Ecclestone: Sepang could use a “paint job”

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While Formula One leader Bernie Ecclestone hopes he’ll be able to extend the current contract for the Malaysian Grand Prix (due to expire in 2015), the British billionaire is also leaning on race organizers to complete their renovations on the Sepang International Circuit — mentioning that it needed a “paint job.”

“They need to finish what they started,” Ecclestone told The Star of Malaysia. “It is obviously not the same as Singapore. Maybe because they don’t spend the money.”

The Sepang circuit, which can seat up to 130,000 fans and lies south of the country’s capital of Kuala Lumpur, opened in 1999 with Formula One making its debut there that year. Organizers are currently in the second year of a five-year refurbishment project to the facility, with The Star reporting that the next main priority is the installation of a roof at the track’s paddock area, as well as additional public restrooms and surau, or prayer rooms.

The roof is set to be completed in time for the track’s MotoGP event in October.

However, outside of refurbishing Sepang, Ecclestone appears relatively happy with the Malaysian Grand Prix and wants to keep it on the F1 calendar for a while — telling The Star that “there are no dramas” involved in working with organizers there.

Teammates James Hinchcliffe and Robert Wickens earn top-fives at Barber

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For the first time this season, Schmidt Peterson Motorsports teammates James Hinchcilffe and Robert Wickens earned top-five finishes in the same race at Barber Motorsports Park in Birmingham, Ala.

Hinchcliffe finished third in the Grand Prix of Alabama; Wickens was one spot behind in fourth.

Wickens had one previous podium at Phoenix with his second-place finish. Hinchcliffe’s best result was a fourth in the season-opener in St Petersburg, Fla., so this marked his first podium of the year.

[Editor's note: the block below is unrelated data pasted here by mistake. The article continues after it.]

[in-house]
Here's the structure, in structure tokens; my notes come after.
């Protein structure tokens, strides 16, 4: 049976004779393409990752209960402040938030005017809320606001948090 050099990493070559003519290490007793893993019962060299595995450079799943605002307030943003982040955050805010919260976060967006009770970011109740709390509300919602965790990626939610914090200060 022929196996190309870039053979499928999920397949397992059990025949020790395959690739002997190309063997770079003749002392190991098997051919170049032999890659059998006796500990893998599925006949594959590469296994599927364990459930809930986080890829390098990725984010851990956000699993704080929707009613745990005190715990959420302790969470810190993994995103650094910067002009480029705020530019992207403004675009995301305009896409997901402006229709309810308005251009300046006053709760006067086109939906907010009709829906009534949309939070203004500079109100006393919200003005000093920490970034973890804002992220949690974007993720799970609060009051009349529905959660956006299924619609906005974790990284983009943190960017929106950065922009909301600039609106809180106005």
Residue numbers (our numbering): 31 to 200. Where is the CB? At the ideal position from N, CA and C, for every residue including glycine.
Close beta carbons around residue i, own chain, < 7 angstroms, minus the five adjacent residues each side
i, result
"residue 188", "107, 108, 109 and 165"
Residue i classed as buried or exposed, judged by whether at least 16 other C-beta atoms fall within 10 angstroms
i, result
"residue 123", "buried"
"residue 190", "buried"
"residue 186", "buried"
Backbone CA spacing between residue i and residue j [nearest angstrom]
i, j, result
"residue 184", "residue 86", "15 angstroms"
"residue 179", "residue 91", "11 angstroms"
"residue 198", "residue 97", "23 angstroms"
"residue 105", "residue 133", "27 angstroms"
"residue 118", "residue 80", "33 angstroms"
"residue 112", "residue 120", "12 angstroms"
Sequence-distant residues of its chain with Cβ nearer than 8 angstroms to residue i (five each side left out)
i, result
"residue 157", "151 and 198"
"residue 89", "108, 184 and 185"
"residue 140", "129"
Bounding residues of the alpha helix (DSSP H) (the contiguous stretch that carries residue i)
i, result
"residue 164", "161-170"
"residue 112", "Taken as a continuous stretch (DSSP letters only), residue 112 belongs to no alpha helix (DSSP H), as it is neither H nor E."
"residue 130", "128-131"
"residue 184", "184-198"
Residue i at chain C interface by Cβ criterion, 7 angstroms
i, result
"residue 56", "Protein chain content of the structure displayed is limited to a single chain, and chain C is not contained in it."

Both drivers needed a little help from the rain.

As precipitation began to fall in the closing stages of the race, Hinchliffe asked his team on a couple of occasions if it was wet enough to pit for rain tires. He was told twice to stay out and was then called into to the pits at the optimal time.

“Solid weekend for us after coming here before – not a great test,” Hinchcliffe said. “Two cars in the top 10 qualifying; two cars, top five in the race. Pretty proud of these boys, everybody on the Arrow car.”

The rain helped Wickens’ race strategy come together.

“I was having to save a lot of fuel in that second stint,” Wickens said. “So once (Scott) Dixon starting getting close to me I was thinking ‘Oh God, I’m going to actually have to give this one up.’ And then the rain came, so the fuel mileage happened naturally. So, yeah, it saved us a bit.”

And while both were pleased with their top-five finishes, drivers are rarely satisfied unless they are standing on the top step of the podium.

Wickens’ top-five finish was hard-fought. After winning the pole at St Petersburg and starting sixth at Phoenix, he failed to advance to the Fast 6 in back-to-back races at Long Beach and Barber – qualifying 10th both times.

“I was a little gutted that we came out in a big bunch of traffic,” Wickens continued. “It made the race fun, but a little frustrating as well because of people off sequence and whatnot. We lost a lot of track position there. Both of us could have been fighting for higher steps on the podium, but we need to do a little better job in qualifying. “